Thin-film silicon solar cells make use of relatively thin layers of active material compared to wafer based solar cells. The main advantage of thin absorber layers is the possibility to fabricate flexible solar cells. However, due to limited absorber layer thickness and weak absorption coefficients at long wavelengths, light management techniques need to be implemented in order to increase the device performance. Advanced substrate texturisation is one of the promising light management techniques that have drawn much attention recently. In state-of-the-art devices, randomly textured interfaces are often used to increase the optical performance. However, the introduction of periodic diffraction gratings resulted in world record conversion efficiencies for hydrogenated amorphous/nanocrystalline silicon (a-Si:H/nc-Si:H) tandem solar cells. A different method of advanced texturisation is introducing modulated surface textures (MST). These MST structures combine various surface morphologies (random and/or periodic) to reach higher levels of light scattering over a broader wavelength range. Modulated surface textures based on large periodic gratings and small random textures have been successfully employed in single junction nc-Si:H solar cells, resulting in a world record efficiency of 11.8 %. An MST structure based on large random features and small periodic gratings, however, has not been reported yet. The aim of this work is to investigate the possibility of fabricating MST structures based on micro-textured glass with superimposed periodic gratings, and to obtain a functioning n-i-p nc-Si:H solar cell, based on an MST substrate. An optical and morphological analysis of randomly textured substrates, periodic gratings, and modulated surface textures was carried out. It was found that MST substrates can be fabricated using ITO induced, wet-etched glass substrates, and a photolithography process. MST structures resulted in light scattering into greater, less distinct angles, when compared to either one of the individual surface morphologies. Therefore, these structures show promising light scattering behaviour for application in nc-Si:H solar cells. Hydrogenated nanocrystalline silicon solar cells were fabricated on randomly textured glass substrates and MST structures. Two-dimensional (2D) periodic gratings, with square and hexagonal lattice structures, were superimposed on randomly textured glass to obtain MST substrates. nc-Si:H solar cells based on hexagonal MST structures seemed to outperform their square lattice counterparts. A functioning device with an active area efficiency of 6.46 % and short-circuit current density (Jsc) of 19.74 mA/cm2 was fabricated. This work reports the first functioning nc-Si:H solar cell, based on a periodic-random modulated surface texture substrate. The best performing solar cell on randomly textured glass, however, exceeded this performance with an active area efficiency of 7.67 % and JSC of 23.2 mA/cm2. It can be concluded that functioning nc-Si:H… Advisors/Committee Members: Isabella, Olindo (mentor), Vismara, Robin (mentor), Zeman, Miro (graduation committee), Mastrangeli, Max (graduation committee), Delft University of Technology (degree granting institution).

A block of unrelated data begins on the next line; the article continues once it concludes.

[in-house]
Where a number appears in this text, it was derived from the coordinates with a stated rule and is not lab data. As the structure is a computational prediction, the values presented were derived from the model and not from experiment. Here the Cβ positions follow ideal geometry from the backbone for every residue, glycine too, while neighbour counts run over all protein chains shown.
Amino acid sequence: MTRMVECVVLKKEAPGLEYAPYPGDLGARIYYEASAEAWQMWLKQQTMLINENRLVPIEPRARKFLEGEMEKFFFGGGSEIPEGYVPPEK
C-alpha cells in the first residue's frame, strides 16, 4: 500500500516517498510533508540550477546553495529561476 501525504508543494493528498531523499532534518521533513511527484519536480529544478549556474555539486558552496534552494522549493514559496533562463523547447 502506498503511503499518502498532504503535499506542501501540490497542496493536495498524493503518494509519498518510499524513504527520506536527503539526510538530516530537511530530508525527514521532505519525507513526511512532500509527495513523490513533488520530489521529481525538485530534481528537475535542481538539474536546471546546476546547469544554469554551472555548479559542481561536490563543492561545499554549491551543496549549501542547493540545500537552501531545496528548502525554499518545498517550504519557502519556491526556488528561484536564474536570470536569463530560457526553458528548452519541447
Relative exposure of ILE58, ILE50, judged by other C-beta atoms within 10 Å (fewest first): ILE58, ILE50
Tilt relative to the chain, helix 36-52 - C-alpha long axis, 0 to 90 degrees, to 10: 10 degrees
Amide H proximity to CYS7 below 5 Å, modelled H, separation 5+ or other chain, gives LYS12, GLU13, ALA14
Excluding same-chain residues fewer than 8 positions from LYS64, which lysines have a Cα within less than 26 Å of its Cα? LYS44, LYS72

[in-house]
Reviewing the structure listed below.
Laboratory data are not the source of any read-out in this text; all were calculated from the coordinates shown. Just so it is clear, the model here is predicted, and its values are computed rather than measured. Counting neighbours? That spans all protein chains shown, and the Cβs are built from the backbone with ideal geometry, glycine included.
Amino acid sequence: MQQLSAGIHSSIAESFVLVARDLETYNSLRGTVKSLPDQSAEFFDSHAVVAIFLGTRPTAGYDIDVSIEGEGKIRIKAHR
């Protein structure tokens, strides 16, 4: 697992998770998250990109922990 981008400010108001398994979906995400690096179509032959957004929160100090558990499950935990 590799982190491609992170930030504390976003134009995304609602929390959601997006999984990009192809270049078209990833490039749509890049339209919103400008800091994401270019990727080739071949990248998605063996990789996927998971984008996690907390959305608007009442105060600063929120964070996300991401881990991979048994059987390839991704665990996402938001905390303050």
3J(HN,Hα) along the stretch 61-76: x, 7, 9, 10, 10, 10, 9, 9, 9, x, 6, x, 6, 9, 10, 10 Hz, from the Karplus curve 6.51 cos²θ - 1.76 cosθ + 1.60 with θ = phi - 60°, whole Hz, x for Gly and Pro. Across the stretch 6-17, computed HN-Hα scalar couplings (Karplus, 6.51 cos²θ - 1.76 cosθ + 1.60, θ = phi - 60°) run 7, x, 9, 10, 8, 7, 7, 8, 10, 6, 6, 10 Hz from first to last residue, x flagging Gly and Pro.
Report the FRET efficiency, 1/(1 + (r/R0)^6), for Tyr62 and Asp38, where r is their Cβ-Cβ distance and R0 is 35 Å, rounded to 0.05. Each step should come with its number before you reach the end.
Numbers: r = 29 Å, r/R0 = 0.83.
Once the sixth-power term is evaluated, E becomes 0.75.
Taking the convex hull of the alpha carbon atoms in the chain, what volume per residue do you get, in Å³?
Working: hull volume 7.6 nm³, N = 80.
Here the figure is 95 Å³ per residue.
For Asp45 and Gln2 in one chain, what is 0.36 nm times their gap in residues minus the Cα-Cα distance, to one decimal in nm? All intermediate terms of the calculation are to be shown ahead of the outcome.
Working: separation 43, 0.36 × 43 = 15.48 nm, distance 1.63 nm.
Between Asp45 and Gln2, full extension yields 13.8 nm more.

Subjects/Keywords: PVMD; Solar Cell; Thin-Film; light management; modulated surface texture; random; periodic; light trapping; grating; texture; square; hexagonal

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APA · Chicago · MLA · Vancouver · CSE | Export to Zotero / EndNote / Reference Manager

APA (6th Edition):

Loef, T. (. (2018). Periodic-Random Modulated Surface Textures For Efficient Light Trapping in Thin-Film Silicon Solar Cells. (Masters Thesis). Delft University of Technology. Retrieved from http://resolver.tudelft.nl/uuid:d48a285f-cf84-40a3-b806-3211afa9c45e

Chicago Manual of Style (16th Edition):

Loef, Thomas (author). “Periodic-Random Modulated Surface Textures For Efficient Light Trapping in Thin-Film Silicon Solar Cells.” 2018. Masters Thesis, Delft University of Technology. Accessed April 18, 2021. http://resolver.tudelft.nl/uuid:d48a285f-cf84-40a3-b806-3211afa9c45e.

MLA Handbook (7th Edition):

Loef, Thomas (author). “Periodic-Random Modulated Surface Textures For Efficient Light Trapping in Thin-Film Silicon Solar Cells.” 2018. Web. 18 Apr 2021.

Vancouver:

Loef T(. Periodic-Random Modulated Surface Textures For Efficient Light Trapping in Thin-Film Silicon Solar Cells. [Internet] [Masters thesis]. Delft University of Technology; 2018. [cited 2021 Apr 18]. Available from: http://resolver.tudelft.nl/uuid:d48a285f-cf84-40a3-b806-3211afa9c45e.

Council of Science Editors:

Loef T(. Periodic-Random Modulated Surface Textures For Efficient Light Trapping in Thin-Film Silicon Solar Cells. [Masters Thesis]. Delft University of Technology; 2018. Available from: http://resolver.tudelft.nl/uuid:d48a285f-cf84-40a3-b806-3211afa9c45e